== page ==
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Italy to Witness a Social Revolution Soon?

This is a guest post by Di Kar. Di is a Sudanese political science undergrad at the American University of Beirut. Follow her on twitter @D3akar

Politics and what not.

The Arab Spring has been the highlight of everything I have read over the past few days from twitter, aside from numerous newspapers and Italian politics. Your probably wondering why I am mentioning Italy, right? Hold that thought.

The Arab Spring, that started with a man in Tunis and sparked mass protests in countries from the Maghreb to Yemen, has now shifted the whole scope of the Middle East and North Africa region. It is, to me, a much needed breeze of change for a region that has been stagnant under the fists of despotism and western influences. For the first time, I feel optimistic about the region. Egypt is pulling weight, and heading towards democratizing its system of government - despite all the challenges - nevertheless, the sleeping giant has awoken. Perhaps the Palestinian diaspora might be resolved or Sudan be more stabilized, these are but distant thought buts the Arab spring has opened a new chapter in history.

Italy - the Arabs of Europe.

Italy, a country of just 150 years, has not been as fortunate with its economy or politics like its neighbors in Europe. It has suffered from economical stagnation, political hegemony of a political party - Lega Nord (Northern League) - known for it xenophobic traits, not only against immigrants but also other regions south of Padania (everything South of the Po river). I dub Italians as the the Arabs of Europe because simple they are much like us in regards to holding on to traditions: they stay in contact with immediate and extended family but also live in a society that is predominantly patriarchal - (that’s my next piece).

But this is not the point. The point is that the Arab Spring has reached the shores of Europe.

The past two days in Italy have been history for a country of only 150, having voted for a referendum against nuclear power - the first after the earthquake in Japan - and against privatizing water. More then 50% of the population voted against introducing these two measures. The total tally was a staggering 95% which was revolutionary in a country like Italy since its politics is dominated by the tycoon and owner of Media giant Mediaset and also the residing PM Silvio Berlosconi from the early 1990’s. Belusconism is a term that the youth have coined up to describes the effect the PM has on the country with a national debt of 120% , rising living cost, privatizing education, high levels of corruption, Mafia overtake of business in northern Italy and last but not least the growing immigrant influx.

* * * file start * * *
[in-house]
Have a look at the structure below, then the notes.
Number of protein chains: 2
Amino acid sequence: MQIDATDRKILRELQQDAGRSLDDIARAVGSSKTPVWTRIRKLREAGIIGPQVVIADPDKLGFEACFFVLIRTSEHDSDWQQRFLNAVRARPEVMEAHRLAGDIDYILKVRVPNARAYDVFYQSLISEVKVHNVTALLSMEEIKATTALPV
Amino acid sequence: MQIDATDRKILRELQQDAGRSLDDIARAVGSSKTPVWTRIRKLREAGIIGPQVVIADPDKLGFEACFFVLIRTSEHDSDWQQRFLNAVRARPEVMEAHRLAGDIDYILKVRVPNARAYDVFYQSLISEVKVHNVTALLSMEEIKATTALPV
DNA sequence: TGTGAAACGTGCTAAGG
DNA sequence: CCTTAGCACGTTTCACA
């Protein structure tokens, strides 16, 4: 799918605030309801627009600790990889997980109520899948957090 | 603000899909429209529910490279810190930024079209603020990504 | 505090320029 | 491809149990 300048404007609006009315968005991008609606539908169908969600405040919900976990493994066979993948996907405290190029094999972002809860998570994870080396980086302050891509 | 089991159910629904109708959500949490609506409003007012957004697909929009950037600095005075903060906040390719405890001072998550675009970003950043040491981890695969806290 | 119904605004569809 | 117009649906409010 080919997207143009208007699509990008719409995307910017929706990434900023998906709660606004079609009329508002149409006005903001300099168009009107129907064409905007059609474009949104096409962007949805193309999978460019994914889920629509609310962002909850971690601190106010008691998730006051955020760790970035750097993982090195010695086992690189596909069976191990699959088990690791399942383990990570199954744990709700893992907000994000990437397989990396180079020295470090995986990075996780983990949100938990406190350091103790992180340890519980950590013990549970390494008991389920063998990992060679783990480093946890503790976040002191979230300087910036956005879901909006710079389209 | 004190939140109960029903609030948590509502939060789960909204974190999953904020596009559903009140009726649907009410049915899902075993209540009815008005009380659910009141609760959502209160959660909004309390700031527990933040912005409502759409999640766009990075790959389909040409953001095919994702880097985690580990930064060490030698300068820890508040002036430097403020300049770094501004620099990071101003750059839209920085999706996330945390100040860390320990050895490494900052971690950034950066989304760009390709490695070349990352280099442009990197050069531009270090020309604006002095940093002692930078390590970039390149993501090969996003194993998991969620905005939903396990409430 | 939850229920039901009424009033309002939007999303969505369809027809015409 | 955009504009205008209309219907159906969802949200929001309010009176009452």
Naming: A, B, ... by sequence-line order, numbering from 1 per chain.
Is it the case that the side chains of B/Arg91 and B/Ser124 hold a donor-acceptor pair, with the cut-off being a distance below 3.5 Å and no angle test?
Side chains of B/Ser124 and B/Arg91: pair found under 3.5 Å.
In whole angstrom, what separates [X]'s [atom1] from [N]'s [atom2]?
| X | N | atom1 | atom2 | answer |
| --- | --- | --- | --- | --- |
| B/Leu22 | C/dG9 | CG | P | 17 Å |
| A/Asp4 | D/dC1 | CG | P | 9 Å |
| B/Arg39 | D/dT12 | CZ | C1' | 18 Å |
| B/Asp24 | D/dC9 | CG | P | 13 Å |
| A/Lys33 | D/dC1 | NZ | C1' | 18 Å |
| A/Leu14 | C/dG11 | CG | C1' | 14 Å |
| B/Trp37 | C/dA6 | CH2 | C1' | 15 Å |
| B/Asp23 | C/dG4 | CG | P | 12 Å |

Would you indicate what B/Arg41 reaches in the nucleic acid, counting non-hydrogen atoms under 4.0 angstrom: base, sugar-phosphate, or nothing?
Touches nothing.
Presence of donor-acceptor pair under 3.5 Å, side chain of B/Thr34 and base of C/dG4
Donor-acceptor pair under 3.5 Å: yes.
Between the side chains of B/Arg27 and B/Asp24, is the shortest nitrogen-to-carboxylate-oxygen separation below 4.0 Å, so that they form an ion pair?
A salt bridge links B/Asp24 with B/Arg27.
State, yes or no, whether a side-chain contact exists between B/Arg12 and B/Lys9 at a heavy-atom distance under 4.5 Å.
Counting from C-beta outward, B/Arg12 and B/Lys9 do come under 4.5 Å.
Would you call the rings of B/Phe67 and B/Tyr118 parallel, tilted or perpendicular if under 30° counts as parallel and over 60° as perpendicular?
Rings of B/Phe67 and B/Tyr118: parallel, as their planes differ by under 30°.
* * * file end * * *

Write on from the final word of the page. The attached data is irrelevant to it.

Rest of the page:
Hence, Italian politics has been stagnant and dominated by a xenophobic party that has put in place a man more know globally known for his sex themed parties rather then his politics. Moreover, this man and his supporting political parties boycotted the referendum in protest against the rising negative allegation against the governments unpopular policies. Therefore, instead of demonstrating the very essence of democracy by voting and not forfeiting ones’ right to vote, he abstained . A great leader he is, a leader who will soon join the ranks of Bin Ali, and Mubarak and will (hopefully) be trailed for corruption, statuary rape and money laundering amongst other things like them.

Why, you ask? Why does it matter? This matters because Italians were inspired to bring change to their country, to twitter, to blog and to use every social media available to them. They realized how fortunate they are to have the kind of freedom to change their government with out any blood shed.

The moral of this story is that, events from the region were revolutionary for this time and age and was fueled by social media. I urge you to keep writing what the voice in your head is telling you if your a tweep, blogger or social media fanatic... It is people like you who are the ray of light in this unforeseen future.

Remember, hope is the last to die.